Which leads, ironically, to the second big plus about this book: since it’s not about the federations but is wholeheartedly about the wrestlers themselves, Hornbaker owes nothing to any particular promotion in terms of spin or historical importance. This is not a numerical list in which wrestlers are ranked, and Hornbaker stays away from any labels of “best” or most highly regarded when writing his descriptions. Credit is certainly given when due, and obviously inclusion in the book is already a nod to a wrestler’s elevated status above those not found within the pages, but this is ultimately a very stripped-down, unbiased, and non-promotional look at the major players of the past two centuries.

This includes, for the record, Chris Benoit. It may be a while until his mere inclusion in a list dubbed “Legends” is not worthy of mentioning, and it is still significant at this time. The WWE broke its own silence by including him in their Encyclopedia published by Dorling-Kindersley in 2008, but Hornbaker takes the step that the WWE is still not willing to take itself by holding his accomplishments up against his atrocities in the same breath. Again, this is done in an objective style, offering no commentary and simply giving the reader the task (and ultimately the respect) to decide how they feel about Benoit’s, or anybody else’s, recognition.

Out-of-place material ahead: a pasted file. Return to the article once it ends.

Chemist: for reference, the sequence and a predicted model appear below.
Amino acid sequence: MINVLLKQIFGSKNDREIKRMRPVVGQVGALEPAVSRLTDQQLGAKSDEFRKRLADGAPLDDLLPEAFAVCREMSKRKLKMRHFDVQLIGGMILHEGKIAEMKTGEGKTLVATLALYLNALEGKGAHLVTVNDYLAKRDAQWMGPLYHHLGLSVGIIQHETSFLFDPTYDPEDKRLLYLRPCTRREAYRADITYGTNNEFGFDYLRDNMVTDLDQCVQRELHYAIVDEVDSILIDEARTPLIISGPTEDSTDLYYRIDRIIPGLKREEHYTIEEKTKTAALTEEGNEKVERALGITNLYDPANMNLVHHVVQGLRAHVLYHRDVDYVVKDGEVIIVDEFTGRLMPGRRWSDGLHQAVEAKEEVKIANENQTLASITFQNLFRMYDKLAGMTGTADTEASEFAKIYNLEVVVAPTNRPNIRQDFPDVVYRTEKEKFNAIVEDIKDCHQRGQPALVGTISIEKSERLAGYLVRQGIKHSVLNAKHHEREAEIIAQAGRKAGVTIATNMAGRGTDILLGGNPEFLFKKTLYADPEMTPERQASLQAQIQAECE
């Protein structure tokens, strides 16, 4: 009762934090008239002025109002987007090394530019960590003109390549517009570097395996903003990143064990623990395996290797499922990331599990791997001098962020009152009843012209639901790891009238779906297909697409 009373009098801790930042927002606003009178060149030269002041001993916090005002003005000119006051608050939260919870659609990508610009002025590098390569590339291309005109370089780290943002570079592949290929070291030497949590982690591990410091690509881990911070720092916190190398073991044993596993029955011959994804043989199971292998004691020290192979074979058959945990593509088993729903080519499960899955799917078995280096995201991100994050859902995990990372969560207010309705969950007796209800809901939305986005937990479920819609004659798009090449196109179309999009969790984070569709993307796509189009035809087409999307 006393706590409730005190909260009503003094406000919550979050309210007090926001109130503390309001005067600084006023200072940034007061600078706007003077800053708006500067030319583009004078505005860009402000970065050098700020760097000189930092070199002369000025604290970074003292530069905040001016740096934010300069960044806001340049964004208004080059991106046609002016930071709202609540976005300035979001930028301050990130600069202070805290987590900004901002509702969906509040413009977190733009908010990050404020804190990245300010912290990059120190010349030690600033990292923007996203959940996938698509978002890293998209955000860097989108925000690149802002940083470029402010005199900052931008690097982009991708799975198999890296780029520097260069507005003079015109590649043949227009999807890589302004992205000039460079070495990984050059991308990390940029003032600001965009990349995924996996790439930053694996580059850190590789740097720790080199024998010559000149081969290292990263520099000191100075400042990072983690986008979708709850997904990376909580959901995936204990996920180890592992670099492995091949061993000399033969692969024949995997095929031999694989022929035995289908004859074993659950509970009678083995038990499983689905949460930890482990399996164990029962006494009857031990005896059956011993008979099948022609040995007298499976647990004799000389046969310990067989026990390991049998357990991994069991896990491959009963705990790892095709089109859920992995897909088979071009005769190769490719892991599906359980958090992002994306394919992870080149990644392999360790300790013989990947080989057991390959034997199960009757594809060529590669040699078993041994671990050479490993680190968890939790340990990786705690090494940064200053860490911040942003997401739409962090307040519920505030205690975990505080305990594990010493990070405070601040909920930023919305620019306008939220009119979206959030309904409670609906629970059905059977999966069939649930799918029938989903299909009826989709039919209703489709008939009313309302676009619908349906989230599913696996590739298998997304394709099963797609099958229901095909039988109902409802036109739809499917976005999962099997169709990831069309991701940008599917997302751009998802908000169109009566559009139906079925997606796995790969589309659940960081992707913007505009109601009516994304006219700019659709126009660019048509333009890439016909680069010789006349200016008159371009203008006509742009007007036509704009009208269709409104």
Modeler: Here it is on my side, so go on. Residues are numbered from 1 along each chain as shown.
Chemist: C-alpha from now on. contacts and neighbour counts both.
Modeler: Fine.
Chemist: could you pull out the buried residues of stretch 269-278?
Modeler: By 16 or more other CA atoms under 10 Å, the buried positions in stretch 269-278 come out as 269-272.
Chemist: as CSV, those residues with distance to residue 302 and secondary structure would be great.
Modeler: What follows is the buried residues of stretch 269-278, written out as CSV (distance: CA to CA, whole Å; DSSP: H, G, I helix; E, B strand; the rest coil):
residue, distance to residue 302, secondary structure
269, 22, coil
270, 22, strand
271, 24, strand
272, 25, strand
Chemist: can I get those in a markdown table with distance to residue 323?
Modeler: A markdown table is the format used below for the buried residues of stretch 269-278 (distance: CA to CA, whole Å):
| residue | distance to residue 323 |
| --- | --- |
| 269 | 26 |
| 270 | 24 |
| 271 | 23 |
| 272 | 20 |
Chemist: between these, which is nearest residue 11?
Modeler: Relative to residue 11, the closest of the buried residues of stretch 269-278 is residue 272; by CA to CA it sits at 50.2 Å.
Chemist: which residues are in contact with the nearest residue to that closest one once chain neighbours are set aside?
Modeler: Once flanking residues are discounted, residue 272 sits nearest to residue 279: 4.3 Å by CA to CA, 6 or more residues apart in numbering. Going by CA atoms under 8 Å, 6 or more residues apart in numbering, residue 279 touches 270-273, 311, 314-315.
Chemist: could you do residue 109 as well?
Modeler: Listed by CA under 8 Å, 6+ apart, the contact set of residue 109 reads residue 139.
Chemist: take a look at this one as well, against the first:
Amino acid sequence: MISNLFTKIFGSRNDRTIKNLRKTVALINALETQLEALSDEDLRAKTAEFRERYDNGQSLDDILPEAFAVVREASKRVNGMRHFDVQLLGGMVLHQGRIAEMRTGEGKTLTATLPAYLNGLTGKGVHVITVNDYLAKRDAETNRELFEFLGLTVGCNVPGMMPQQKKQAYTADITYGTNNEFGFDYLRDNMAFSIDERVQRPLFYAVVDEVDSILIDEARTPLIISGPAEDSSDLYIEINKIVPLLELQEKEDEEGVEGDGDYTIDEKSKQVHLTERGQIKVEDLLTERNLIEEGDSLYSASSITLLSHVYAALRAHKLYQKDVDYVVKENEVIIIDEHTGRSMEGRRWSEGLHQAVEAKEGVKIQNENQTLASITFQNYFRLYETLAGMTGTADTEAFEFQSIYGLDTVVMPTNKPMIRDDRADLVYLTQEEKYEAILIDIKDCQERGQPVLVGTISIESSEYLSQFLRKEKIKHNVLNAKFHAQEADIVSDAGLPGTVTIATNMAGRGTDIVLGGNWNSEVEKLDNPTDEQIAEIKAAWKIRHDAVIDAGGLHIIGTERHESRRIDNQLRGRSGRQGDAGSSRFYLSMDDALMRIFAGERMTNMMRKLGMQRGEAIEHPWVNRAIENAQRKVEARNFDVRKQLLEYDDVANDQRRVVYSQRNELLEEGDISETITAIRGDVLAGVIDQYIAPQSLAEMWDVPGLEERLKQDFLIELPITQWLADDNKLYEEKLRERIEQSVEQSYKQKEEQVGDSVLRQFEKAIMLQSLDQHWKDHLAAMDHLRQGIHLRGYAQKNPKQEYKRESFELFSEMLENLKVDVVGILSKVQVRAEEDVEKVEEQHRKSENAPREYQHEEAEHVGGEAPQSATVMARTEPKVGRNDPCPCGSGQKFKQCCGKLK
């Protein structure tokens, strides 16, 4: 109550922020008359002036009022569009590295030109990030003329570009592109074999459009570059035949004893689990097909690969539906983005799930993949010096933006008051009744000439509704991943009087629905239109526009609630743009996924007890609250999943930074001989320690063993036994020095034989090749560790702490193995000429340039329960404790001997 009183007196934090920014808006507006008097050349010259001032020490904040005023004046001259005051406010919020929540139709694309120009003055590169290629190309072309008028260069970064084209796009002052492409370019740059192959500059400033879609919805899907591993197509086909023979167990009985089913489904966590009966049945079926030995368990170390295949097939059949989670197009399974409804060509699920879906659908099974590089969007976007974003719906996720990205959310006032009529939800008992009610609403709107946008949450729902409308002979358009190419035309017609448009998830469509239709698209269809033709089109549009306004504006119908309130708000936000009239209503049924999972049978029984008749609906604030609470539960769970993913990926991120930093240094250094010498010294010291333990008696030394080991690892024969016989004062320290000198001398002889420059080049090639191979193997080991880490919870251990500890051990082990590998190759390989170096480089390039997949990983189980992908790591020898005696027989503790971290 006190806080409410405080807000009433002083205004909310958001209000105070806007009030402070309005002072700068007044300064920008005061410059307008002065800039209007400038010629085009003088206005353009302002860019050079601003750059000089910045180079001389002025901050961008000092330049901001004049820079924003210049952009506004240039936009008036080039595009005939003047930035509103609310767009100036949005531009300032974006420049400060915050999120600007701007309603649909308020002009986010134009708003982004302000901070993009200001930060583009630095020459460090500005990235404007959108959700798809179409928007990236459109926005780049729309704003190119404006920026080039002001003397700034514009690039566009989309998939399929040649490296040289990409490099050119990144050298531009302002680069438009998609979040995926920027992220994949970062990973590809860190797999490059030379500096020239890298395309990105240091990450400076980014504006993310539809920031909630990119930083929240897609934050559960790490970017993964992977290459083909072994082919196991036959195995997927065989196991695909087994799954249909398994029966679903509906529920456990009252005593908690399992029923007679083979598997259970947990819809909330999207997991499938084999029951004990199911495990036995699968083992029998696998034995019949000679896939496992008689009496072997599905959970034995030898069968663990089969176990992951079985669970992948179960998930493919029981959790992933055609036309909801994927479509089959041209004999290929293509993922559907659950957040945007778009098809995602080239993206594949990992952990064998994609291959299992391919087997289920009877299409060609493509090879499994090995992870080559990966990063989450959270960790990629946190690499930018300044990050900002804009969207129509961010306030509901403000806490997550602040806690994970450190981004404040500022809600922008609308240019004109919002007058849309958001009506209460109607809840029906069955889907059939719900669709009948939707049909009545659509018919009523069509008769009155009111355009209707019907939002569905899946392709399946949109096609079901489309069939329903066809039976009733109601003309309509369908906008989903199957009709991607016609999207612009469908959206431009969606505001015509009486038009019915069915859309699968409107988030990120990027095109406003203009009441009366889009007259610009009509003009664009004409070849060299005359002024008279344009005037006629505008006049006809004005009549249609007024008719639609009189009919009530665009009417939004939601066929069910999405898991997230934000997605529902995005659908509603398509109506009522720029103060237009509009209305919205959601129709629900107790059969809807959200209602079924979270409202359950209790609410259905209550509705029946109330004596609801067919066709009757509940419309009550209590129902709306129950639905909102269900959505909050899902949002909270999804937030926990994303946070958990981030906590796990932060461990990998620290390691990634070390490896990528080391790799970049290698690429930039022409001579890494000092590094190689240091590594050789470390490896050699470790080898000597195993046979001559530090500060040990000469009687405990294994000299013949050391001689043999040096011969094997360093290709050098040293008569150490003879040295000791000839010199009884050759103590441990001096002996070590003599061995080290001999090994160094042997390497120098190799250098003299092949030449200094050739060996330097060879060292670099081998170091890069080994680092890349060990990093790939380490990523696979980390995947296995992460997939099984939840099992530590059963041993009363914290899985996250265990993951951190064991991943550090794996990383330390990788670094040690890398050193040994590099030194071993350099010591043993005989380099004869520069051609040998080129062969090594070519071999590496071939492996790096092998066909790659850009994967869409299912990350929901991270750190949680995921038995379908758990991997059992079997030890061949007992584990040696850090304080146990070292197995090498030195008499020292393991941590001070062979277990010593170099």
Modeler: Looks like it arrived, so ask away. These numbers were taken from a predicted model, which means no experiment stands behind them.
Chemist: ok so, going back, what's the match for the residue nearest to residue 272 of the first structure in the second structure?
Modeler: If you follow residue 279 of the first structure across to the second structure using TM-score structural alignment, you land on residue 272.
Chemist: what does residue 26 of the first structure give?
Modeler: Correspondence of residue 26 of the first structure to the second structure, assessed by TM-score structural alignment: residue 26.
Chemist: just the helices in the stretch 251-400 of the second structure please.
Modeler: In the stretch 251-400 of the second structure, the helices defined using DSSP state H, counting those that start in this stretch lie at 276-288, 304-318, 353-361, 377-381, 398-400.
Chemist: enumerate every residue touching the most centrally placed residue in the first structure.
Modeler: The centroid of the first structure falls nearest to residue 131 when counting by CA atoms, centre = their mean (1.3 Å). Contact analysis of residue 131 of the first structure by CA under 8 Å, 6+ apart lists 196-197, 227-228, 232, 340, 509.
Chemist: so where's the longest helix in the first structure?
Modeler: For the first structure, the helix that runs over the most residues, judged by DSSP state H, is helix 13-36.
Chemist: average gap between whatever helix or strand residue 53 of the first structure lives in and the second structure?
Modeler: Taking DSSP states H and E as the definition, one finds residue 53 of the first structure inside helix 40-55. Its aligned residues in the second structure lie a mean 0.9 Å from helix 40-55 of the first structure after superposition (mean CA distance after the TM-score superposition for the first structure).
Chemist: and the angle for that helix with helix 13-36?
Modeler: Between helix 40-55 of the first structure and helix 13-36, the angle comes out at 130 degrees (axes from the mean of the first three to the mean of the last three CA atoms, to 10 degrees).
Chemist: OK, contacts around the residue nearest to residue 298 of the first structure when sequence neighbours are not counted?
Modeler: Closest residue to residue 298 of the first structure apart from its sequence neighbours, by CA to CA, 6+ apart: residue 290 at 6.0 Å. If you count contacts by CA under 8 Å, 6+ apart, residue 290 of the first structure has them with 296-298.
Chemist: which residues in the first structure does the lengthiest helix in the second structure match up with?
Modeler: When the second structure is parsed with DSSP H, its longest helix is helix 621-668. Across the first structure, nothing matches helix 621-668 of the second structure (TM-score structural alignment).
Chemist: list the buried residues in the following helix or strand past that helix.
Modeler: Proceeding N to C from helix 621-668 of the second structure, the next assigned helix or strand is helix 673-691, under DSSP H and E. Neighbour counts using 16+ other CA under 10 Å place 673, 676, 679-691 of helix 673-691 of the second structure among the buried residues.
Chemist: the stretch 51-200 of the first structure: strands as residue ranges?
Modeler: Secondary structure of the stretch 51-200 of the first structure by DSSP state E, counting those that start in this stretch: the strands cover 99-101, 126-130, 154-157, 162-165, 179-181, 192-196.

The comparison to WWE’s Encyclopedia certainly brings about the flat visual aspects of Legends of Pro Wrestling. On the hand, getting into a battle of visual showmanship with the WWE is stepping into an unfair fight (does anyone produce slicker commercials and visual lay-outs than the WWE?); still, Hornbaker’s book doesn’t really try to splash things up at all. The pictures themselves are well-chosen and effective on the whole (including a good number from SLAM! Wrestling’s Mike Mastrandrea), but make no mistake about this book being an informative resource and not an eye-grabber.

The third very effective structural factor that makes this book click is that it refuses to compare apples to oranges. Wrestlers are grouped by eras, not by style or by championships won. Hornbaker even stresses that “win/loss records are not indicative of a wrestler’s genuine success based on their legitimate abilities.” Wrestling is a business where it matters not what you bring to the table, so long as you bring something. So it is that Kurt Angle, The Fabulous Moolah, Haystacks Calhoun, and Little Beaver can find themselves in the same list with no delineation between them and no comparison required.

Hornbaker smartly recognizes each wrestler for their own qualities in the form of unique tidbits for each entry. Almost everyone has a finisher listed, but not all; some have been honoured by a Hall of Fame and are thereby recognized; and some, much to the appreciation of this reviewer, have their film and television appearances tallied if notable. Each wrestler is also tied to their best opponents by way of a short list of two or three top adversaries, which is another unique attribute of a successful pro wrestler — it really can’t be done alone as it takes partnerships in the ring to create success.

Once you make your way past an unfortunately forgettable foreword by Jimmy Snuka, you dive headlong into Hornbaker’s palpable respect and dedication towards the history of professional wrestling. Perhaps with a resource such as this available, it will be easier for future volumes follow suit and continue to clarify the genealogy of this business so accustomed to hiding the truth. The workers within the pages of Legends of Pro Wrestling, and many more, deserve to have their story told.